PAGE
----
A Dr. Momma Minute
Toddlers shovel food into their mouths. Eating food takes time and toddlers seem to always be in a hurry. Parents must be aware of common food choking hazards in kids. Even though these are foods that are often eaten every day, caution must be used when these foods are given to young kids.
First and foremost, according to the American Academy of Pediatrics, choking is a leading cause of injury in kids under age 4. There are many things besides food that kids choke on, and I address how to prevent the most dangerous non-food choking hazards in kids in a separate post.
And although I am specifically talking about toddlers today, just wanted to share that thousands of adults over age 70 die from choking each year. So keep in mind that choking severe impacts the very young and the very old. Watch that food!
As a Pediatric ENT physician, one of the things I really spent time learning during my fellowship was how to treat airway problems. Choking and inhaling foreign objects is a big part of that. In toddlers, it is often food that has been poorly chewed.
Do you remember hearing that it is bad to talk with food in your mouth? Well, you might have thought it was just for good manners since no one needs to see your half-chewed food! But the other thing that is important is that if you have food in your mouth and suck in air, like screaming toddlers often do, food shoots into the airway. Not a good thing.
This takes me to share another reason chronic mouth breathing is bad! I have had more than my fair share of parents complain about their chronic mouth breathing kids who have poor table manners, smacking food and choking while eating. Closing the mouth to chew and swallow is the best way to eat. Sucking in air while eating, well that is asking the food to go into your voice box instead of down into your stomach.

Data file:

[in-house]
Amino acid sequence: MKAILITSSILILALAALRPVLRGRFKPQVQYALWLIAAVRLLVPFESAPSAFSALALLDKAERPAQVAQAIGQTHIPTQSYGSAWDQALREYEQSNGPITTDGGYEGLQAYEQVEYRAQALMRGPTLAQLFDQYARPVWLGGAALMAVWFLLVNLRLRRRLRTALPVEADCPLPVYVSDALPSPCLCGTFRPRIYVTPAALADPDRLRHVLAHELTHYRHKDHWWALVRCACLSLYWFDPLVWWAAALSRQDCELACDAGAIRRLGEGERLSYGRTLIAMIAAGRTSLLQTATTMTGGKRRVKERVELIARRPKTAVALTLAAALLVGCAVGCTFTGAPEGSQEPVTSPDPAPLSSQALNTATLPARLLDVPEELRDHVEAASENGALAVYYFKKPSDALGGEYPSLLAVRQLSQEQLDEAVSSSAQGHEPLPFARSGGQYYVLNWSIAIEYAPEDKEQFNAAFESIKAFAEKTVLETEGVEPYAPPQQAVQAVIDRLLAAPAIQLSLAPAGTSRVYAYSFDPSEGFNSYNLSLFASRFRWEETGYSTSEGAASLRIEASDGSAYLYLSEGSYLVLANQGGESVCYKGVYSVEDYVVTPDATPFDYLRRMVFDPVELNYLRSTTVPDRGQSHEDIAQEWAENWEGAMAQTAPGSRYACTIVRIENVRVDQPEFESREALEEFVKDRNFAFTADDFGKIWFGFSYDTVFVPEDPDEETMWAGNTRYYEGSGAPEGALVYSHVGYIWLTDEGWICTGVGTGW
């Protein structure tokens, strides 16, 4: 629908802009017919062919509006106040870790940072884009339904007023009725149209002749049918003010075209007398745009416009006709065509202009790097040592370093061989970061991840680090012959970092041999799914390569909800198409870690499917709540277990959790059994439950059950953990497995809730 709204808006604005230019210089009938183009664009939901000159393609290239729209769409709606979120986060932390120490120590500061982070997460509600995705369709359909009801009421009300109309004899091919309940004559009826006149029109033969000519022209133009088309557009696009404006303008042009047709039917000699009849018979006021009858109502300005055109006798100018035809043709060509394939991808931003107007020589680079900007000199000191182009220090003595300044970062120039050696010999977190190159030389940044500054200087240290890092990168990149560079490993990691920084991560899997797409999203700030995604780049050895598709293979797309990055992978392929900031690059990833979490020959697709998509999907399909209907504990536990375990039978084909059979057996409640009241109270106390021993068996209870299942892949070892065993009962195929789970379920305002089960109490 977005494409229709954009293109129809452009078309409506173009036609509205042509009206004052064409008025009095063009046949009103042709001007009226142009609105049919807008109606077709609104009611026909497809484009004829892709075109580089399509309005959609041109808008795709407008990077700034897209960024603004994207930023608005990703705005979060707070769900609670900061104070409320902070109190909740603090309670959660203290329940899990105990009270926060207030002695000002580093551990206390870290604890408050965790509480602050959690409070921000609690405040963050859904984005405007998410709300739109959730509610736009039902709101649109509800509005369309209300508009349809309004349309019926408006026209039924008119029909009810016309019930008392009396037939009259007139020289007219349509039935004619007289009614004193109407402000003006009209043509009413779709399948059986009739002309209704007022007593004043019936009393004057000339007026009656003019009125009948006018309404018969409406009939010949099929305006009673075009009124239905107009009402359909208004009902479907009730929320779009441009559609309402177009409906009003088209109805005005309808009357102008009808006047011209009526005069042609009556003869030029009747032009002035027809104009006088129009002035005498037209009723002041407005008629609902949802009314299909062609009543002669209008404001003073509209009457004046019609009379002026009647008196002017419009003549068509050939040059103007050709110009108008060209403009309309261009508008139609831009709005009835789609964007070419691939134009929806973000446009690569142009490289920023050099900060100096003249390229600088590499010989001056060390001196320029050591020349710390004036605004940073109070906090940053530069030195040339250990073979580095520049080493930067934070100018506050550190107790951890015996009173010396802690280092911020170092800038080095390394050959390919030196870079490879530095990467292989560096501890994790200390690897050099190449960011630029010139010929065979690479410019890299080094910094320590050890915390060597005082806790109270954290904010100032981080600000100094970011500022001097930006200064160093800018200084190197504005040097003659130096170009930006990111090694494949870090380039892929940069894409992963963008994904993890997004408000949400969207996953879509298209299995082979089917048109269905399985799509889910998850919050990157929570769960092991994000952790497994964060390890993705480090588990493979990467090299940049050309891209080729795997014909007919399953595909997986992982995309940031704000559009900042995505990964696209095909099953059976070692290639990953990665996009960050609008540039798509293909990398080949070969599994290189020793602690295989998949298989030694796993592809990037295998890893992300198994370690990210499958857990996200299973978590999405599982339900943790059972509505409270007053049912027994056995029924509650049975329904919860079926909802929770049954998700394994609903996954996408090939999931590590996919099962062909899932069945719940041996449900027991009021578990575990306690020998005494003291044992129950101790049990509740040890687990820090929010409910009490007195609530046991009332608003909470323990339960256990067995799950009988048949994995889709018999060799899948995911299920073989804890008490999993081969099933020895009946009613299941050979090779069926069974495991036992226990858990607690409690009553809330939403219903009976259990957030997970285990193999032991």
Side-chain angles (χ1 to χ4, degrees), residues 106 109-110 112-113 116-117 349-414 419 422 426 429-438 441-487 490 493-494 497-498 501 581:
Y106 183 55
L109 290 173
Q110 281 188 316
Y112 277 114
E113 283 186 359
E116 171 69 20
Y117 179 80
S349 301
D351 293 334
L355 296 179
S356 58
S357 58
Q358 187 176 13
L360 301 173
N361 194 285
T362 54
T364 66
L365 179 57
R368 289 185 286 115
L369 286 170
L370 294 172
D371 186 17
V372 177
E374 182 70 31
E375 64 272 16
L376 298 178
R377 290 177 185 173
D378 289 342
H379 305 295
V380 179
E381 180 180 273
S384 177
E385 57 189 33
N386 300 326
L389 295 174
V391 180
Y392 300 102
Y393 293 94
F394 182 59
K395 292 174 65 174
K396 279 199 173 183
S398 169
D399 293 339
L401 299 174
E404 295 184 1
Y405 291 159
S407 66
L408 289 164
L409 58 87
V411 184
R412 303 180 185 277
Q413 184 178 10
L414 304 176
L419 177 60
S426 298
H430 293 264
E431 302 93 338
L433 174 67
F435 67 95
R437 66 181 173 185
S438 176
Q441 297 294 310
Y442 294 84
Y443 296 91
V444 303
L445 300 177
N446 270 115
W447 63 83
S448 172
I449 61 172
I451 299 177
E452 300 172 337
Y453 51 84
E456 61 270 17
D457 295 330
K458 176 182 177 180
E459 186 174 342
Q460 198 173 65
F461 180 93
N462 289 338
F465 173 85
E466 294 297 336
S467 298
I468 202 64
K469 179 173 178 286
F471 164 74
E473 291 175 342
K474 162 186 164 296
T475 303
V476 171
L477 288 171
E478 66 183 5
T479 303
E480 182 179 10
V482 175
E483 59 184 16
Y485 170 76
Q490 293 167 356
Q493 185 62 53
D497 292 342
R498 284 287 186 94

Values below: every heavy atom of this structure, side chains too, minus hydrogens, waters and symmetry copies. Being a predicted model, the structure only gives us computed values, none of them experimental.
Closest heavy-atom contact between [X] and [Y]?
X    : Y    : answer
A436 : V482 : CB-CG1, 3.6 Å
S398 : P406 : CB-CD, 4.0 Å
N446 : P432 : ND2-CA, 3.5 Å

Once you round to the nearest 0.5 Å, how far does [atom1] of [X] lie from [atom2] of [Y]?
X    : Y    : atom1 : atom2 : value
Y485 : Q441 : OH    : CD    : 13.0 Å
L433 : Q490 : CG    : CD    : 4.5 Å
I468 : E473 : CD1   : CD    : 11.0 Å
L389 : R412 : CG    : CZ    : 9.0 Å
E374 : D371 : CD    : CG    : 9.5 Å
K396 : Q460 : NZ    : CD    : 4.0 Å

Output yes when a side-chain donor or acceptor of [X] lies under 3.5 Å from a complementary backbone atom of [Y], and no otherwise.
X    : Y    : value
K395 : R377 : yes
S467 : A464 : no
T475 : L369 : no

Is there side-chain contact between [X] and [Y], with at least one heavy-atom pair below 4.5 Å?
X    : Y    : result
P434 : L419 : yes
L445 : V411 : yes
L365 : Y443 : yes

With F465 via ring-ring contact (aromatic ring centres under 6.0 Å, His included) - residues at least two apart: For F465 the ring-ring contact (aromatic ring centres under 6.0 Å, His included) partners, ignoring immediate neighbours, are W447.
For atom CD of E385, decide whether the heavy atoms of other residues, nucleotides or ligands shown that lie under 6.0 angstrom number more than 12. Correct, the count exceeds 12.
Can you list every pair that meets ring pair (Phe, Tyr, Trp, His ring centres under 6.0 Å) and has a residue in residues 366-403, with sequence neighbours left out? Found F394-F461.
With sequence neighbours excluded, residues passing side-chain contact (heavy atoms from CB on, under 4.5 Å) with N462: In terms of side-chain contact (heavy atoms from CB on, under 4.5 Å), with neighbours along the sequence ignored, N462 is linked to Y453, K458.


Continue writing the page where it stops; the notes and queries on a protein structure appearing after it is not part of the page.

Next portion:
How common is choking on food?
I always knew toddlers choke frequently on food; however, I did not know how common it actually was. Recently, I learned that over 30 kids are seen in the emergency room every day due to choking on food. And sadly, a child dies from choking on food at least once every week. These facts help to understand why choking is the fourth leading cause of unintentional death in children under the age of 5
Of course, the numbers I just described are the most severe episodes. How many of us have seen a child choke but the food was able to be removed? Emergency avoided! So, please understand that life-threatening choking can occur at any moment in a young child’s life but is more of the exception and not the rule. Awareness and prevention are key.
12 common food choking hazards, especially in toddlers
Let’s just go ahead and list the foods that kids commonly choke on. As you can see, these are foods eaten on a regular basis.
- Hot dogs
- Hard candy
- Nuts and seeds
- Meat chunks
- Grapes / Raisins
- Marshmallows (Nerd grammar tip: it is not Marshmellow)
- Carrots, chunks of raw veggies
- Apples, chunks of hard fruit
- Chunks of cheese (including string cheese)